Relapse: An Example of How Your Choices Affect Others

Verb /rəˈlaps/

1. (of someone suffering from a disease) suffer deterioration after a period of improvement

My mom and I on Thanksgiving a few years ago

Relapse. The dirty word. I have to admit, I don’t have much personal experience on this because I’ve never been addicted to anything, but I did want to give my two cents on it since it is something that I have had to feel the consequences of.

I want to start off saying that I do believe that addiction is a disease. I think in many cases, the only way to get over addiction is through counseling, medication, rehabilitation, and/or intervention. Most disputes against addiction being a disease is the argument that addictschoose to start using drugs. That may be true in some circumstances, but it does not mean that it is true in all. Some drug users start before they are even old enough to understand what they are doing. Some are raised in households where drug use is normal and not expressed as a negative thing, let alone something that can be addictive and dangerous. I think this is how my mother started her relationship with drugs. As much as I am hurt by her drug use and the consequences of it, I don’t believe she started using with the intention of always using. If your mom told you something was okay, wouldn’t you believe her? There are too many details on this that I’d rather not share, and the purpose of this blog isn’t about how drug use starts, but how the cycle doesn’t end.

I can remember the day we were taken from our mom by DCFS, and I can remember a few short visits with my mom throughout my childhood, but for the most part, she was absent. Most times I wouldn’t know where she was, and a lot of the time the only reason I knew she was locked up was because of the internet. You can search anything and everything online, and most of the time I found out way more than I ever wanted to. I would break my own heart over and over scrolling through old newspaper articles, public records, and mug shots. I pretty much just always assumed my mom was in the pen because I didn’t know what to anticipate about the relationship between drugs and their user. I still don’t know many facts about methamphetamine and how affects the mind, but I do know that I was absolutely terrified of it and hated it for consuming my mom.

I would find out my mom was out of prison mainly by my family members telling me stories about running into her at Walmart and things like that. I remember one time my own sister said she ran into her, said hi, but she was so out of it that she didn’t even recognize her own daughter.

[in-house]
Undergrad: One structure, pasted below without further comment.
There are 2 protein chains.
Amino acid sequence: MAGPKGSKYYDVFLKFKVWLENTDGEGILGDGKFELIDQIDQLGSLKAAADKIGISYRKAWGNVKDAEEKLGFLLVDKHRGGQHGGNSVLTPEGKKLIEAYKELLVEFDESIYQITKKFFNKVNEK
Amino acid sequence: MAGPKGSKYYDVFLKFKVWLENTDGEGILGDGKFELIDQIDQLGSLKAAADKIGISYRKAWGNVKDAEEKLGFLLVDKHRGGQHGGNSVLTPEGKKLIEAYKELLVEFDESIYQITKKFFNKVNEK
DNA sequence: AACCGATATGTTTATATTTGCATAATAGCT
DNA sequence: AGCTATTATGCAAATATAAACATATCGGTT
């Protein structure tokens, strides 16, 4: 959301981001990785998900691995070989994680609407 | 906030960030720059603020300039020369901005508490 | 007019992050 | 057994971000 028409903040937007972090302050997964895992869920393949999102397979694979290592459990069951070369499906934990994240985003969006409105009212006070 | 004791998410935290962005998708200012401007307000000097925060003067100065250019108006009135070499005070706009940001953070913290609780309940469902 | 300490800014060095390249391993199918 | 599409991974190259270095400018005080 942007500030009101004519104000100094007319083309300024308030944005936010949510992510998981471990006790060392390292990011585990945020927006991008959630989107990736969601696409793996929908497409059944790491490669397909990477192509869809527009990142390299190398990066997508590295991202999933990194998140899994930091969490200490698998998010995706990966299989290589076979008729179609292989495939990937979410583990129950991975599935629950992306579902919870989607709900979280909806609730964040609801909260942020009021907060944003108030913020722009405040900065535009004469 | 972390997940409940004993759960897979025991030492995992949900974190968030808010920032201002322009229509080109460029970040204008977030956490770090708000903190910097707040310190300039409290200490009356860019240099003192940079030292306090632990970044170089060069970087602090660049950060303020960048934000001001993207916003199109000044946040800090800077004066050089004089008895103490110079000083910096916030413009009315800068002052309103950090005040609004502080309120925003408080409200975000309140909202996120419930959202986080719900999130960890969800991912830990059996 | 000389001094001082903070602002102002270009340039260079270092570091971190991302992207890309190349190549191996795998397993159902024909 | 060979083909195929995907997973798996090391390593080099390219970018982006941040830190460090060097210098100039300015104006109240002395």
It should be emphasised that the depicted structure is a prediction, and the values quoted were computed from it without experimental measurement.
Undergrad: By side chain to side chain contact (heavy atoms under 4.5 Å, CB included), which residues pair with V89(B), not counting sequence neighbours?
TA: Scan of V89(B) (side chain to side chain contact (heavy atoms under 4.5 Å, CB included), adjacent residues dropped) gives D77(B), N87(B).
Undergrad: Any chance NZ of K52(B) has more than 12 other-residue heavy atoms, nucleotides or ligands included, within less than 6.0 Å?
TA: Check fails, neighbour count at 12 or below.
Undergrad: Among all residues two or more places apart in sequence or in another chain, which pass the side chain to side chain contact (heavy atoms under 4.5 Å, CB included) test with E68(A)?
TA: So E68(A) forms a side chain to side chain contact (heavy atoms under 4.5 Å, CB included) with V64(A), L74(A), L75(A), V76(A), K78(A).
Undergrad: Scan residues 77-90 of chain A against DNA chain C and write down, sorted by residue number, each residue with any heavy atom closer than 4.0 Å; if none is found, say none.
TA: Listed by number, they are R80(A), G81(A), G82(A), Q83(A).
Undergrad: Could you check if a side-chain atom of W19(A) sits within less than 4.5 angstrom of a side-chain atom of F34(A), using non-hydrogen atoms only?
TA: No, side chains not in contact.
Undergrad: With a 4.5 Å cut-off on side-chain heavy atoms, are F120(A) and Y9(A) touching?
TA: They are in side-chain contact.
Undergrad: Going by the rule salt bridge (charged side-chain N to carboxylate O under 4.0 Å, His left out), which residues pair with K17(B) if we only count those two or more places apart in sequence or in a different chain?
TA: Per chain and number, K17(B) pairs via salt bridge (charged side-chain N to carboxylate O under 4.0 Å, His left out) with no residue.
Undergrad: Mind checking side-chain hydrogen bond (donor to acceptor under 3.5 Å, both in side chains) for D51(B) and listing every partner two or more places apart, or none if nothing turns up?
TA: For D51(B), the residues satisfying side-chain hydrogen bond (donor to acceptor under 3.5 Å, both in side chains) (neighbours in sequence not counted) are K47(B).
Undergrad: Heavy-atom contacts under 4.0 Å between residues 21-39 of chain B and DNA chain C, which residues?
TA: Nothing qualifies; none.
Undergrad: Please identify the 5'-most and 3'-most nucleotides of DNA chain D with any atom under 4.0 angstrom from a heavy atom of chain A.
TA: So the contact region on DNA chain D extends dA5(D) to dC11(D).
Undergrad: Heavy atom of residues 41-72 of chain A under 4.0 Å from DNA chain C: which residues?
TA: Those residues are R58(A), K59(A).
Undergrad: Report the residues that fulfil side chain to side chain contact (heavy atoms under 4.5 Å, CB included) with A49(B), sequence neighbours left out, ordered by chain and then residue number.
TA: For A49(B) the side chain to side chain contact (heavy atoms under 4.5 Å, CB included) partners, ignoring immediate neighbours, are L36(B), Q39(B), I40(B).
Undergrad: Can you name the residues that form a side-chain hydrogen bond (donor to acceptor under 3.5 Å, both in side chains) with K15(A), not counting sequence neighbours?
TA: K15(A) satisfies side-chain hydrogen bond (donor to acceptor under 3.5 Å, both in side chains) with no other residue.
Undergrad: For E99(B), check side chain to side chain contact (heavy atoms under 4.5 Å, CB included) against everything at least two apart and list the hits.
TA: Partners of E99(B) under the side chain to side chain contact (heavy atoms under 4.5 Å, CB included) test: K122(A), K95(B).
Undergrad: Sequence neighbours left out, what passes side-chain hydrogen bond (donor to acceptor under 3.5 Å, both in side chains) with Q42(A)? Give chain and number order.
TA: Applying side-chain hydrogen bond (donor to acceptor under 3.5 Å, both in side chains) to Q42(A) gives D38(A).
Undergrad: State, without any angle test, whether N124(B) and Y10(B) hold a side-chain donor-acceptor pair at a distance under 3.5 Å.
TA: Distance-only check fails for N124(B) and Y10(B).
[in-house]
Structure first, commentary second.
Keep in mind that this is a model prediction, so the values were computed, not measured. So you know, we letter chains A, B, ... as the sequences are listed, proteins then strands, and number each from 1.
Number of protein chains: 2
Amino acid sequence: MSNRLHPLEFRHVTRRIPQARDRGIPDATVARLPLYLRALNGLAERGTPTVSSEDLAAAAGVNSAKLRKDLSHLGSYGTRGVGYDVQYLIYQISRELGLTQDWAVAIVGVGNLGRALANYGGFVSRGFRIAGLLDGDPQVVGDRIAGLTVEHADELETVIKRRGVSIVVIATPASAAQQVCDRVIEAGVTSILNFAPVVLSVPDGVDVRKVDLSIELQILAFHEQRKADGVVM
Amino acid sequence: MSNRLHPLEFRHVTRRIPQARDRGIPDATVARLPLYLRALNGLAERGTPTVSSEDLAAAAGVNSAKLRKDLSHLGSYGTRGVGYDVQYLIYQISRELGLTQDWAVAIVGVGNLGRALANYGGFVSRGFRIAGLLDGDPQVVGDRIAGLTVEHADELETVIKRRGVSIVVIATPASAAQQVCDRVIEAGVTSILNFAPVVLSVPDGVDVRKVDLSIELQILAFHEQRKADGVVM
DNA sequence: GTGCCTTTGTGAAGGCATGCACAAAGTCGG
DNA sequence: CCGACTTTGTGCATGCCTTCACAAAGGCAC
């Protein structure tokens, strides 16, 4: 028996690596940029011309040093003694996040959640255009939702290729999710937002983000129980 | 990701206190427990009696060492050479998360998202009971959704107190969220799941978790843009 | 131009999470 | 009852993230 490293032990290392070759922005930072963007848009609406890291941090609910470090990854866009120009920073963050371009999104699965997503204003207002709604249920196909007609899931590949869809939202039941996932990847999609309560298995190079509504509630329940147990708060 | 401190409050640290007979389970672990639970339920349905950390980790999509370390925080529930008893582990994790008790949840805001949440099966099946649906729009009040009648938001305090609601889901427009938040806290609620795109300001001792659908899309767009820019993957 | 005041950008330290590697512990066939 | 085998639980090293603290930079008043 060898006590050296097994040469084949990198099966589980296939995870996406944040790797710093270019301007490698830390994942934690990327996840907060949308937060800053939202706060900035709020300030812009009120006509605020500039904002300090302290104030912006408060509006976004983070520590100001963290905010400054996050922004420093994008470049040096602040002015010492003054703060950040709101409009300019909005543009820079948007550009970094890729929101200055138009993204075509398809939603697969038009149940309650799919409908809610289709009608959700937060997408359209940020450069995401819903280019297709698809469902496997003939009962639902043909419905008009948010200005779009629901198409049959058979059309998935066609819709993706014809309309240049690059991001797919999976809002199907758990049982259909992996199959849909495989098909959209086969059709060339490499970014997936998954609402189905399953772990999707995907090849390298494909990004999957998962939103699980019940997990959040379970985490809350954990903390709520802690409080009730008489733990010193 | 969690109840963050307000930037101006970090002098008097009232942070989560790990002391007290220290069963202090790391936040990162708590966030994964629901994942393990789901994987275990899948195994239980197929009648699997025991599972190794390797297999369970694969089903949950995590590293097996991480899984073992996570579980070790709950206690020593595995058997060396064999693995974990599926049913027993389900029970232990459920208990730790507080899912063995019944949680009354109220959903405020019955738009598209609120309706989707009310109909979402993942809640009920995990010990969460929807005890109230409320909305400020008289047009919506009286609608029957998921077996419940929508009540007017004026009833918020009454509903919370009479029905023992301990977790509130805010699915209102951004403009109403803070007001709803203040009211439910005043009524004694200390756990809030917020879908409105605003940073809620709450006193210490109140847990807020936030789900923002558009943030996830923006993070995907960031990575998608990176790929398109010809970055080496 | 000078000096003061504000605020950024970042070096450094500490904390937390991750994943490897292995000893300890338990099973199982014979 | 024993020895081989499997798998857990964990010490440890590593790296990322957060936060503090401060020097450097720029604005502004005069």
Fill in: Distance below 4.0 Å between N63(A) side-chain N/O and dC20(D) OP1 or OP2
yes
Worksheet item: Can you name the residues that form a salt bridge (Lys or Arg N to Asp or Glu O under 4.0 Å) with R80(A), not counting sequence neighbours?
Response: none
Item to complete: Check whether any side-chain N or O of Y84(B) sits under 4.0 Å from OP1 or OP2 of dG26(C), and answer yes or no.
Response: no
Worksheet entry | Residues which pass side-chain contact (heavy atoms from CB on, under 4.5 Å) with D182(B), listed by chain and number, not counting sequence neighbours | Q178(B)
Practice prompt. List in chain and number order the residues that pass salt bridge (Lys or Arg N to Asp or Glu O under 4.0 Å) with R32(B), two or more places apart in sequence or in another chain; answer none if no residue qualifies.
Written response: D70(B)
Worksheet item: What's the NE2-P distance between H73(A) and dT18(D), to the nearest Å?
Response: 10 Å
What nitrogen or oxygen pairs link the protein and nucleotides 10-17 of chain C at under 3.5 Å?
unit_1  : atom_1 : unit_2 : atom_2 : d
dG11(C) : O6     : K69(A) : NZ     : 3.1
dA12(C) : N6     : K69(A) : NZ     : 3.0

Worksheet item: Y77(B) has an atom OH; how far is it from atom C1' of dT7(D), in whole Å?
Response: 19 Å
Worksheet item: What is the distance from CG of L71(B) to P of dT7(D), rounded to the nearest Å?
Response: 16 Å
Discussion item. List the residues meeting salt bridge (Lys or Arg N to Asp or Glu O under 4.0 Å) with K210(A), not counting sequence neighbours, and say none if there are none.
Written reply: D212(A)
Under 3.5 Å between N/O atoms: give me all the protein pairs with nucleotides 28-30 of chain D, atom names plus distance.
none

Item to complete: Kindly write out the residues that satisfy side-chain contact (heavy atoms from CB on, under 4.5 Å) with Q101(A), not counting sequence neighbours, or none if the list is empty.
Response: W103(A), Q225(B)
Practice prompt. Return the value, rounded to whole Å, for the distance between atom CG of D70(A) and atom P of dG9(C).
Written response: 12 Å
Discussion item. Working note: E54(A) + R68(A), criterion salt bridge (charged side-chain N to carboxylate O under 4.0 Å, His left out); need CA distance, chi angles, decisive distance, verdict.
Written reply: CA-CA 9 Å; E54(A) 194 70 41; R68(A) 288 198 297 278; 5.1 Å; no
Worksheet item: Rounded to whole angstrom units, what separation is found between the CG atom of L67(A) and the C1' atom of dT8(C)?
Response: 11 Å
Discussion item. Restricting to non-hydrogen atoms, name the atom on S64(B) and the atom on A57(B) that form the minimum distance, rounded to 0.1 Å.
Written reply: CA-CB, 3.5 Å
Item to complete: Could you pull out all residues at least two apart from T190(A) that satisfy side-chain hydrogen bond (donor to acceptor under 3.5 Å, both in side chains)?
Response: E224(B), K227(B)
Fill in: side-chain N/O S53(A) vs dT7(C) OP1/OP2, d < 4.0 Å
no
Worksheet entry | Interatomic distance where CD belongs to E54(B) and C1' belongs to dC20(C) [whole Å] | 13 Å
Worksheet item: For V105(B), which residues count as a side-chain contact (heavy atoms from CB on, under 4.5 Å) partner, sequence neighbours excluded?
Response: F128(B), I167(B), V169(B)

Those are some of the consequences of relapse.

She goes to prison and gets away from the drugs, but then gets out and has access to everything that got her into trouble in the first place.

I’m not saying I don’t understand- I honestly, truly do. I understand how someone can lean on substance to escape from reality. I understand how life seems impossible to carry on sometimes, and the only way to feel okay is to get high. I understand how someone could fall back into that trap again, especially if they don’t have the help to overcome it.

But my issue is when it gets pinned on me.

My mom has said time and time again that she always turns back to drugs because she doesn’t have a relationship with her girls. She is still very angry and hurt that we were taken from her. That is understandable, no doubt. I can’t imagine having my daughter stripped away from me. That is a hole way bigger than I could ever possibly understand. But I think she needs help understanding that all of this happened because of her addiction and refusal to take responsibility of it. I’m sure that if she ever reads this, she will have something to say about that, but everyone has a right to their own opinion. The way I see it, if she wanted a relationship with her girls, she should be more motivated to getting help and staying sober rather than staying complacent and relapsing.

Her latest comment on one of my blogs said, “Your blame and rejection is debilitating to me and ends in me relapsing.” I can’t explain to you how incredibly furious that makes me. Imagine sitting backseat during a car crash and being blamed for the car when it gets totaled. Our relationship is, and always has been, at the mercy of her choices. And to be frank, most times she chooses wrong.

It seems as though it will be a never-ending cycle of relapse. And all I can do is shake my head in disappointment and hope that maybe one day it will change. After all, I will support my mom (and anyone else, for that matter) in her journey towards recovery, should she ever choose that path.

If you are scared of relapsing, visit smartrecovery.org for tips, resources, and an online community.

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